This six-domed mosque is locally considered to be contemporary
with Khan Jahan Ali style mosques of Khalifatabad and located at Mohammadabad,
present day Barobazar, Jessore. Based on architectural style the date of
construction can be estimated to be fifteenth century.
The mosque is a multi-domed rectangular type Sultanate mosque
with a rectangular structure crowned by six domes. The Golkata Mosque is located
approximately 100m east of Jorbangla Mosque.
The mosque is 46'8'' X 26'0'' rectangle externally while internally
it has a rectangular plan of 30'7'' x 19'4''. The structure is a single chamber,
internally divided into six equal grids roofed over by six hemispherical domes.
The eastern façade has three framed arched openings to the prayer hall flanked
by two blind arches on each side. The northern and southern façades have two
framed arched openings to the prayer hall flanked by two blind arches on each
side. There are three mihrabs, each aligned with the three entrances at east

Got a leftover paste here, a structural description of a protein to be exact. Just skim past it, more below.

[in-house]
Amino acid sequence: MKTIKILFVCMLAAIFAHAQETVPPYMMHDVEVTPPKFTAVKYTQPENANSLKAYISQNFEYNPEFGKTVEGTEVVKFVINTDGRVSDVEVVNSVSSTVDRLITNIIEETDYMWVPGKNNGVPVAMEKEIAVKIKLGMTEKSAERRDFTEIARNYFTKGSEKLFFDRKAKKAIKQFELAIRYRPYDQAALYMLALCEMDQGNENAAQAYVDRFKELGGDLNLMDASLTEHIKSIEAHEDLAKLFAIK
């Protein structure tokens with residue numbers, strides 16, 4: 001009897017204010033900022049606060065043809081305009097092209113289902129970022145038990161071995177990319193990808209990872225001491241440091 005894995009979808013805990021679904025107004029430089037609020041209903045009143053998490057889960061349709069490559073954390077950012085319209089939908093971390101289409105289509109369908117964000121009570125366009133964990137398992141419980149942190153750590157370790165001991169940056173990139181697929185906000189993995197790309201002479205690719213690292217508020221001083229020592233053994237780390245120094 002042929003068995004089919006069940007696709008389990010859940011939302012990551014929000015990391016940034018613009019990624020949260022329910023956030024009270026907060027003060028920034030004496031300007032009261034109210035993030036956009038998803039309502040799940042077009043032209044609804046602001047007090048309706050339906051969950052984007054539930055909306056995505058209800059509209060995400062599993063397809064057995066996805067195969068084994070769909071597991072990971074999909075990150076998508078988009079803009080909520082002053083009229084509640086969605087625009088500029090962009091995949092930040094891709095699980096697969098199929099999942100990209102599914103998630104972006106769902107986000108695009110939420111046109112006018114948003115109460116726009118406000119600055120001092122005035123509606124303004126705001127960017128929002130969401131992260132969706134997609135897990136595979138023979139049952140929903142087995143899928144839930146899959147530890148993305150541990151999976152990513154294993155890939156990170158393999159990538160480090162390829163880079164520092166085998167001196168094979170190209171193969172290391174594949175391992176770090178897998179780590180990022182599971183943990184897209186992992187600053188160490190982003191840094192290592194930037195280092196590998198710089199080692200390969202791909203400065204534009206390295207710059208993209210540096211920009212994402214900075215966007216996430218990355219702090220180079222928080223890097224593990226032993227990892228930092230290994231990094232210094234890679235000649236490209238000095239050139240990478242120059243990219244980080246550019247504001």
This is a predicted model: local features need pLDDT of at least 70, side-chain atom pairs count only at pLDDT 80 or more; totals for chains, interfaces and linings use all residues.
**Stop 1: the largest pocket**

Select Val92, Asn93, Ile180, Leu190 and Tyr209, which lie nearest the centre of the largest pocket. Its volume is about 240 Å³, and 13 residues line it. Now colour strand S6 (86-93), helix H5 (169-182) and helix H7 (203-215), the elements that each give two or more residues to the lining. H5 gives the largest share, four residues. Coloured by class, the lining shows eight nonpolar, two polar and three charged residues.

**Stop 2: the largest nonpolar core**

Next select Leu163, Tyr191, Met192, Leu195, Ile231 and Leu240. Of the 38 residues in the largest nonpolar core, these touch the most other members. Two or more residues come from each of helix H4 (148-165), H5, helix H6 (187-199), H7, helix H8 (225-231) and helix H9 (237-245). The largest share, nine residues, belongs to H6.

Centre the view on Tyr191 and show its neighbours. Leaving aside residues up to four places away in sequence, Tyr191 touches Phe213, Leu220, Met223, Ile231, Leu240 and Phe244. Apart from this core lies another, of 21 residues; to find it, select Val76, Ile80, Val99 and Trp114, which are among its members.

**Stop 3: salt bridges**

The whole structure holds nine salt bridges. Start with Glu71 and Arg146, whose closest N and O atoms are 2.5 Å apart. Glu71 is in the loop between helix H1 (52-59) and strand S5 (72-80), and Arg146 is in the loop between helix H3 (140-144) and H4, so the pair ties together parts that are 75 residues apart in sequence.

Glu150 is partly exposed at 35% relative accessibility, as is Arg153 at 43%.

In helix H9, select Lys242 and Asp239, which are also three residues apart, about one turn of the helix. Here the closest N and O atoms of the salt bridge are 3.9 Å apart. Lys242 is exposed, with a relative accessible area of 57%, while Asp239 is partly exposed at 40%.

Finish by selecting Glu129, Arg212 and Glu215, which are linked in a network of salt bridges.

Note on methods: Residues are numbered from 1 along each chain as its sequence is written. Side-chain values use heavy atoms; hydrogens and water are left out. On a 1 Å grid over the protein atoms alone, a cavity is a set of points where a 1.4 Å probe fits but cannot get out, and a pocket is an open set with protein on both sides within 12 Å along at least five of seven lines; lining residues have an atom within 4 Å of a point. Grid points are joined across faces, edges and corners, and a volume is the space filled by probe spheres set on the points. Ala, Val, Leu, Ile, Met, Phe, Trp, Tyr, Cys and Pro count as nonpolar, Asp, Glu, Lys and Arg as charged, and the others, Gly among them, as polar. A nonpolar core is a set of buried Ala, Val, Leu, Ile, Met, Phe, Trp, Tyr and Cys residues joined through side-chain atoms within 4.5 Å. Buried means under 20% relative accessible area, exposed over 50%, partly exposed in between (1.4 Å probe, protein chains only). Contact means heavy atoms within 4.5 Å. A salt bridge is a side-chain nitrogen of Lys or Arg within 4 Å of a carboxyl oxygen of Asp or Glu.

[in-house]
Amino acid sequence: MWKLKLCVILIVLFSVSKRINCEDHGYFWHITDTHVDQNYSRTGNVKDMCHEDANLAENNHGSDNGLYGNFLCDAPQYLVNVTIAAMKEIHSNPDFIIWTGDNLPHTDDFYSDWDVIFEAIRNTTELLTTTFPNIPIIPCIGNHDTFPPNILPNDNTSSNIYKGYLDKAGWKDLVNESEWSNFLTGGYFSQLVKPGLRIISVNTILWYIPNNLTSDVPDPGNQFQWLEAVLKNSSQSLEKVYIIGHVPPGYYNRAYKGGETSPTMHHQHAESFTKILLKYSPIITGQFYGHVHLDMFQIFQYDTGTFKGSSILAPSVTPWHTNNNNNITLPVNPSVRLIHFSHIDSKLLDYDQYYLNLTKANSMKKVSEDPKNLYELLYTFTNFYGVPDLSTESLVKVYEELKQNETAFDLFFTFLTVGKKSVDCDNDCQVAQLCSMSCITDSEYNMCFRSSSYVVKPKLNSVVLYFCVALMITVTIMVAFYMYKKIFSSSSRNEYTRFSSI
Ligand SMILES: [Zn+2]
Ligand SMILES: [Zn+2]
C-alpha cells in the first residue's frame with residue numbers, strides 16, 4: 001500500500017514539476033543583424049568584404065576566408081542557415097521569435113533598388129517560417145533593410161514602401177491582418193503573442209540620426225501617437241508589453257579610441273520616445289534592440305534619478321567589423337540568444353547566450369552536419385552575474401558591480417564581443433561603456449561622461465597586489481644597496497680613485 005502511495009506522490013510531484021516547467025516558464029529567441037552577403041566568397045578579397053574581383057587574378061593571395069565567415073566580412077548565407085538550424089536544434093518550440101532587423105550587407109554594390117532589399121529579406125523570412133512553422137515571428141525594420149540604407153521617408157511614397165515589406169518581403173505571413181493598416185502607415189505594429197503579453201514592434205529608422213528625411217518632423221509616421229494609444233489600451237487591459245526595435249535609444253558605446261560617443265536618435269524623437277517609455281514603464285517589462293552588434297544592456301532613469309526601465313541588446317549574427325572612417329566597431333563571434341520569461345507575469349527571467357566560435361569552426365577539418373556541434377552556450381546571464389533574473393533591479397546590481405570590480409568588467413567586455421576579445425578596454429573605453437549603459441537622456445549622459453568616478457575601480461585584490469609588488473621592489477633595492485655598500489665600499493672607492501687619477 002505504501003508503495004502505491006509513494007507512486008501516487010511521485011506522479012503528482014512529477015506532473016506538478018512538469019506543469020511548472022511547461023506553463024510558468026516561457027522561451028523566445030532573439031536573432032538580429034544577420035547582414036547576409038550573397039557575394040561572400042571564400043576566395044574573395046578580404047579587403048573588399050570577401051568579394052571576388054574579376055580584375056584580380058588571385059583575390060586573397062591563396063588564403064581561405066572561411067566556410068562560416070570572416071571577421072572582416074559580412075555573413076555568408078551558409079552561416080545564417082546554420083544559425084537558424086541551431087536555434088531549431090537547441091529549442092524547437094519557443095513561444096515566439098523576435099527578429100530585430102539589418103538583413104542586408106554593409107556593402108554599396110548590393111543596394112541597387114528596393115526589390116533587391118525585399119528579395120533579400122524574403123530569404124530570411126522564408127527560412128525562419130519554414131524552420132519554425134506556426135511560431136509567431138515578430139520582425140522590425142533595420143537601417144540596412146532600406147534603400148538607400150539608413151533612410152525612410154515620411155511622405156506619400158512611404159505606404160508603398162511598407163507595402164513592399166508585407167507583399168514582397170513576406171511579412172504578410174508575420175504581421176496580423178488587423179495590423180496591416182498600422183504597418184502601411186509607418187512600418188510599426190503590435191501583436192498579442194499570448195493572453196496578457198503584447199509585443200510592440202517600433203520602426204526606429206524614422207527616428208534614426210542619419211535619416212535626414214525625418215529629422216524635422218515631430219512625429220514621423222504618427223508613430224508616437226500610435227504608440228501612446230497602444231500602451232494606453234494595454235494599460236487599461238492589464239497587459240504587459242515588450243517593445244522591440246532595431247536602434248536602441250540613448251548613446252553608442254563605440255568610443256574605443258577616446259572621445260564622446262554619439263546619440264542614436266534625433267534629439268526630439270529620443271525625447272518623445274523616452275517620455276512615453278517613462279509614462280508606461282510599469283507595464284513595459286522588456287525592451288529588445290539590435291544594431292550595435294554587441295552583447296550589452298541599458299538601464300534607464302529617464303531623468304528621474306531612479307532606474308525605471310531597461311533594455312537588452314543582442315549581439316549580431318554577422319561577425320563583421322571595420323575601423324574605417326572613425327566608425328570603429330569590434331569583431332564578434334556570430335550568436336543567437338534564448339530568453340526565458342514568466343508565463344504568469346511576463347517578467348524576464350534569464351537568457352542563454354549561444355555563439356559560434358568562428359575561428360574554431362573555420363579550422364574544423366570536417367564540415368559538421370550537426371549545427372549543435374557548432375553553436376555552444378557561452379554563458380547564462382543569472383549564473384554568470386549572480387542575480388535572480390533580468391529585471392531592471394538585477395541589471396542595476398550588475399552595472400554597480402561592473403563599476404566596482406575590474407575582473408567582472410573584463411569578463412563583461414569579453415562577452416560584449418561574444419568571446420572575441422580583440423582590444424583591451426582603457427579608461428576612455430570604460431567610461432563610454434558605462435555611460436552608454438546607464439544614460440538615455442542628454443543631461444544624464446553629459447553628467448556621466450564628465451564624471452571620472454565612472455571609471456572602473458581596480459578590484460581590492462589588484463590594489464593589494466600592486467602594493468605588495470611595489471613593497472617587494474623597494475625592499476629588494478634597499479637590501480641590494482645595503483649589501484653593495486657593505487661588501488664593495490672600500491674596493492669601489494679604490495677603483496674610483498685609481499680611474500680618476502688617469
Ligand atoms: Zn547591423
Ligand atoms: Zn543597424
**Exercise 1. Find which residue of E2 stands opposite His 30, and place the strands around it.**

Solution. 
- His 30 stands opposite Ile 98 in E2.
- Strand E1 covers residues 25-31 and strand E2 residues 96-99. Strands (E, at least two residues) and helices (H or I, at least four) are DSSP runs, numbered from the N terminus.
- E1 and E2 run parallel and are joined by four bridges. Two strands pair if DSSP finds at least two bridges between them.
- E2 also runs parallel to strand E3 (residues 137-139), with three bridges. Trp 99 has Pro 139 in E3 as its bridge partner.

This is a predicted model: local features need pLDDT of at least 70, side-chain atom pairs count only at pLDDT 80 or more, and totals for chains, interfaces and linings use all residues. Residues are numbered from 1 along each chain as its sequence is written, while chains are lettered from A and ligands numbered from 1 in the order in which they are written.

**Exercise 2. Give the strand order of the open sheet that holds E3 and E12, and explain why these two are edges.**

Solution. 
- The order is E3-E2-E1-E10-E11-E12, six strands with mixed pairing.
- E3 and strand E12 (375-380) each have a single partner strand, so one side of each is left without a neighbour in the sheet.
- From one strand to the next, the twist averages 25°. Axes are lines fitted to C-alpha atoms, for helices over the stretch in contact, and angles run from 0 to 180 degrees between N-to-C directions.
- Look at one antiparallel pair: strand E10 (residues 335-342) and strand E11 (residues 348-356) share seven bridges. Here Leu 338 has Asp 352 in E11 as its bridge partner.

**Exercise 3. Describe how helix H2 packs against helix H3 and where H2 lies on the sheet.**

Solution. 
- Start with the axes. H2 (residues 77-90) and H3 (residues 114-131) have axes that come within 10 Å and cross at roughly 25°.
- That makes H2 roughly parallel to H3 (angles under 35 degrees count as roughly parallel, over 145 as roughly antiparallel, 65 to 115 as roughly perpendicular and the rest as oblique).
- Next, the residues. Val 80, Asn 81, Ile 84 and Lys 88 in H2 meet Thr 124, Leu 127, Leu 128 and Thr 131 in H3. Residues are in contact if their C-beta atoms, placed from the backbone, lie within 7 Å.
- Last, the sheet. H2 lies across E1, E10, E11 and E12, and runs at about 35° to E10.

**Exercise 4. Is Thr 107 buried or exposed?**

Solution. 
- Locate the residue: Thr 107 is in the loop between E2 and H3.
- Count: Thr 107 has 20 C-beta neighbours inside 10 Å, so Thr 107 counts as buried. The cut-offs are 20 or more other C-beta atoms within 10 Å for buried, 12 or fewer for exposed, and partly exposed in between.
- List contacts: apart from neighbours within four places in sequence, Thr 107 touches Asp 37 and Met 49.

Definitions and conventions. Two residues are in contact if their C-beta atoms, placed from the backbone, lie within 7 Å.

and the central portion of the qibla wall is projected westward from the ground
to the roof. Stylistically this kind is known as Khan Jahan Ali architecture,
commonly found in and around south-western part of Bangladesh.
The structure is buttressed by four massive corner octagonal
turrets. These turrets end at the level of parapet walls and ribbed in typical
Bengali Sultanate fashion. The façades are capped by sloped cornices pointed at
center. Exterior façades are of plain brick texture with framed arched opening.
All entrances are almost of equal breadth while the central ones are slightly taller. There are three terracotta mihrabs in the qibla
wall; the central one is slightly larger than the side ones. All three mihrabs are
decorated with pointed arches.
The mosque was restored and repaired by the Department of Archaeology, Bangladesh and is now a protected monument.
Asher, C. B. Inventory of Key Monuments. In The Islamic Heritage of Bengal, George Michell, editor. Paris: United Nations Educational, Scientific and Cultural Organization (UNESCO), 1984.
Hasan, P. Sultans and Mosques: The Early Muslim Architecture of Bangladesh. London: I. B. Tauris, 2007.
Islam, I., and Noblea, A. Mosque Architecture in Bangladesh: The Archetype and Its Changing Morphology. Journal of Cultural Geography, 17(2), 5-25, 1998.